Pinnacle Ridge is Process improvement (same Masks) + microcode enhancement that benefit from it.


The transistors have changed but the interconnects between the functional units are the same. I think you believe that because the microarchitecture is identical, that means that its all the same.
Notice how you keep stressing "the exact same chip".

How do you end up with more dark silicon and taking up less space, by keeping everything the same? Please tell me.


Here is the relevant info from the Anandtech 2700X review.
https://www.anandtech.com/print/12625/amd-second-generation-ryzen-7-2700x-2700-ryzen-5-2600x-2600

"One interesting element is that although GF claims that there is a 15% density improvement, AMD is stating that these processors have the same die size and transistor count as the previous generation. Ultimately this seems in opposition to common sense – surely AMD would want to use smaller dies to get more chips per wafer?

Ultimately, the new processors are almost carbon copies of the old ones, both in terms of design and microarchitecture. AMD is calling the design of the cores as ‘Zen+’ to differentiate them to the previous generation ‘Zen’ design, and it mostly comes down to how the microarchitecture features are laid out on the silicon. When discussing with AMD, the best way to explain it is that some of the design of the key features has not moved – they just take up less area, leaving more dark silicon between other features.

Here is a very crude representation of features attached to a data path. On the left is the 14LPP design, and each of the six features has a specific size and connects to the bus. Between each of the features is the dark silicon – unused silicon that is either seen as useless, or can be used as a thermal buffer between high-energy parts. On the right is the representation of the 12LP design – each of the features have been reduced in size, putting more dark silicon between themselves (the white boxes show the original size of the feature). In this context, the number of transistors is the same, and the die size is the same. But if anything in the design was thermally limited by the close proximity of two features, there is now more distance between them such that they should interfere with each other less.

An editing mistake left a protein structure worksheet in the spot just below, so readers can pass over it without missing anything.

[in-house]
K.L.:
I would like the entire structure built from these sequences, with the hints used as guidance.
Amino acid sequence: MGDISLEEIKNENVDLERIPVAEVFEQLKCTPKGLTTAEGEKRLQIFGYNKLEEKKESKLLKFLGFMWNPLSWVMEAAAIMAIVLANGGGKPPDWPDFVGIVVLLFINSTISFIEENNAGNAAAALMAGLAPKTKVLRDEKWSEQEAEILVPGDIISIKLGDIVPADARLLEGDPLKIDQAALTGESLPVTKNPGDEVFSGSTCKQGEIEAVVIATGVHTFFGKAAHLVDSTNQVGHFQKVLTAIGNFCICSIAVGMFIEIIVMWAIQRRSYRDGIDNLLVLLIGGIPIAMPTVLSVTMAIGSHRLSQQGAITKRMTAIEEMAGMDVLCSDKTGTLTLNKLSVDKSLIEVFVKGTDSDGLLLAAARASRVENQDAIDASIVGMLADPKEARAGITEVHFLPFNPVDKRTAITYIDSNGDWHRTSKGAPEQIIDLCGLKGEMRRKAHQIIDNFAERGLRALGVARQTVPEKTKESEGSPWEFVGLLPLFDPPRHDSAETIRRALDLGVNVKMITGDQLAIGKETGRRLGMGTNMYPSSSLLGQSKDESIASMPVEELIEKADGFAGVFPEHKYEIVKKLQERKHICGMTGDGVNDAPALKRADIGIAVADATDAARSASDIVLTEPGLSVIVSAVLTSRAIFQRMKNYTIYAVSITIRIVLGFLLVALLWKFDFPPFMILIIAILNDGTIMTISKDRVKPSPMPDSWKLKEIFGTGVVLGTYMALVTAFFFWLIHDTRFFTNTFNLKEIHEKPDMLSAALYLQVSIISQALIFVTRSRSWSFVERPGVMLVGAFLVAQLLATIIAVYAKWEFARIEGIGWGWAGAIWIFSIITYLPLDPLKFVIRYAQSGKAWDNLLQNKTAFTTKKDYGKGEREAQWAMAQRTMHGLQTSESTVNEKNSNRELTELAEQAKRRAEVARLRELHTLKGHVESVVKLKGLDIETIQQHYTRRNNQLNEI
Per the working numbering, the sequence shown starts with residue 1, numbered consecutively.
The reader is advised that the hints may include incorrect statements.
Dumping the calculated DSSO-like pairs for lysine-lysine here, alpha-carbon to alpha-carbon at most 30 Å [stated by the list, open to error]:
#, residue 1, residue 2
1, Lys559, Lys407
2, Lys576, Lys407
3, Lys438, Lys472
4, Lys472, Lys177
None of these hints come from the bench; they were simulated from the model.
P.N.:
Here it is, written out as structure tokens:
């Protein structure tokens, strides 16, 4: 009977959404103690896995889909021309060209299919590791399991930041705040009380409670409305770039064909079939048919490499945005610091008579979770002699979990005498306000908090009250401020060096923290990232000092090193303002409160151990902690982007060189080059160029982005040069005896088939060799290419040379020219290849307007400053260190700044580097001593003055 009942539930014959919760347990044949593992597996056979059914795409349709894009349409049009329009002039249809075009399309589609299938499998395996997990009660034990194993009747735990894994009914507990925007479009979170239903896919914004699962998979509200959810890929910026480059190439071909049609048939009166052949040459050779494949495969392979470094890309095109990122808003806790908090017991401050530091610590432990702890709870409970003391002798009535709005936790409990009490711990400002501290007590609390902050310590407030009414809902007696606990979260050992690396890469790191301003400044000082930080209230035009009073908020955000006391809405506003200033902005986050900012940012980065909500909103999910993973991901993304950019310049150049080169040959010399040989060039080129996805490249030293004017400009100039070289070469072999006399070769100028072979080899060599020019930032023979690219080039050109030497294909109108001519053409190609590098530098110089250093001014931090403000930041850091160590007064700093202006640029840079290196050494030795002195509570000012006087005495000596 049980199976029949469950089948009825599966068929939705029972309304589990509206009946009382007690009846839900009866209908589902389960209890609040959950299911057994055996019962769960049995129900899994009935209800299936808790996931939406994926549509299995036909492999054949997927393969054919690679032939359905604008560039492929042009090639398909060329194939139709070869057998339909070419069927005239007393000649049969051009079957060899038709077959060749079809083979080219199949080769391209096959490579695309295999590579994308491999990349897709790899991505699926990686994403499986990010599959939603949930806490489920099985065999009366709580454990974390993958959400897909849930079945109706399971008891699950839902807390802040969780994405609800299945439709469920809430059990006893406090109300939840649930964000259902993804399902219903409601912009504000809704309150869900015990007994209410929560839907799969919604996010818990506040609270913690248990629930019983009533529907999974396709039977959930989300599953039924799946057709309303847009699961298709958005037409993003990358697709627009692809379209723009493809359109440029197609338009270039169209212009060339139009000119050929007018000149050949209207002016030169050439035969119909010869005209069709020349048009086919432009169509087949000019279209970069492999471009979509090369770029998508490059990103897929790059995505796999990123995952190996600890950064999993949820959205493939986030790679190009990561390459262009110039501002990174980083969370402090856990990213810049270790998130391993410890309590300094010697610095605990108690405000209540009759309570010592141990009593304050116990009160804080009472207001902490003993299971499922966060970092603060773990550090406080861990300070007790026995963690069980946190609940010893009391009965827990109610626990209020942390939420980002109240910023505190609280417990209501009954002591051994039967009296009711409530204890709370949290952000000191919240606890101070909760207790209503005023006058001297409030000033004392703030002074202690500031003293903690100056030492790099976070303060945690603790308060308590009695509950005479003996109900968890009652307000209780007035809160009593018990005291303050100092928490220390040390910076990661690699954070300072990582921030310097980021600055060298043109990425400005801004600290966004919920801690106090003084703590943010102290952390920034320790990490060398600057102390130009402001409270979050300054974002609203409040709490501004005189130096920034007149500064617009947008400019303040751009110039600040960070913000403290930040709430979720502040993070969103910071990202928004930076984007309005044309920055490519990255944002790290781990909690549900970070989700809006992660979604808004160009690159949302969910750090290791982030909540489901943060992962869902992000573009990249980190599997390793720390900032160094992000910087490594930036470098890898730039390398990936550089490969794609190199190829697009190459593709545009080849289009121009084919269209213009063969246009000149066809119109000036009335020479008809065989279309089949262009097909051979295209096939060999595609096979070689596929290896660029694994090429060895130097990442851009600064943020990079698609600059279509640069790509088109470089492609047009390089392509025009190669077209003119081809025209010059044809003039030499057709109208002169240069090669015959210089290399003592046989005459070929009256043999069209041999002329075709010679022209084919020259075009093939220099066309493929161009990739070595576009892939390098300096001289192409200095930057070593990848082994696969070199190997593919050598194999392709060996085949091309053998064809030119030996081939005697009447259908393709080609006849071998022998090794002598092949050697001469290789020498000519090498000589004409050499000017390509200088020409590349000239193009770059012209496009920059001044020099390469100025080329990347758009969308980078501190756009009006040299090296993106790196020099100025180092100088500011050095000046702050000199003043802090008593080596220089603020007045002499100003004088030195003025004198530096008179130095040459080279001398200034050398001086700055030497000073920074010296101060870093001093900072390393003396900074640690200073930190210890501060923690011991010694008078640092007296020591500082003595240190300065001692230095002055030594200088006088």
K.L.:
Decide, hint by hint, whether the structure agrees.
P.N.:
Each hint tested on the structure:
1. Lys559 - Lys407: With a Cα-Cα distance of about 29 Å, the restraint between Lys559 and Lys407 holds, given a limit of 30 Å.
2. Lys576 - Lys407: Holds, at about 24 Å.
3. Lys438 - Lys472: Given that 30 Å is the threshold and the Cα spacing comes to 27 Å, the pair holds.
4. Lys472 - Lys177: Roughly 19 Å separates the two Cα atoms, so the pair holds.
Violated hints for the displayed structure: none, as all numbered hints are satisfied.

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Vattila

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Here is a very crude representation of features attached to a data path.
I'll quote seemingly knowledgeable Reddit user KKMX: "This isn't good. That image is very wrong. By using the 14LPP 9T cells on 12LP, you get exactly the same thing as the original 14LPP. Nothing gets smaller because the features are identical (It's why Zen+ and Zen have the exact same die size). Actually, the whole description you quoted [from the AnandTech article] is terrifyingly incorrect. Yikes. Instead, the cells and the overall SoC benefits from the transistors improvements exclusively."

I doubt there is "dark silicon" anywhere. I think they simply redid the masks at the transistor layers to get the improved transistor and kept the other masks (metal layers) unchanged.

https://fuse.wikichip.org/news/1497/vlsi-2018-globalfoundries-12nm-leading-performance-12lp/
 

maddie

Diamond Member
Jul 18, 2010
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I'll quote seemingly knowledgeable Reddit user KKMX: "This isn't good. That image is very wrong. By using the 14LPP 9T cells on 12LP, you get exactly the same thing as the original 14LPP. Nothing gets smaller because the features are identical (It's why Zen+ and Zen have the exact same die size). Actually, the whole description you quoted [from the AnandTech article] is terrifyingly incorrect. Yikes. Instead, the cells and the overall SoC benefits from the transistors improvements exclusively."

I doubt there is "dark silicon" anywhere. I think they simply redid the masks at the transistor layers to get the improved transistor and kept the other masks (metal layers) unchanged.

https://fuse.wikichip.org/news/1497/vlsi-2018-globalfoundries-12nm-leading-performance-12lp/
The bolded part is basically what I said a few post ago.

Quoting myself:
"Who says you need a complete set of masks? AMD specifically stated that they did not take advantage of the available increased density and I take this to mean that the back end is the same, but the fin level is changed."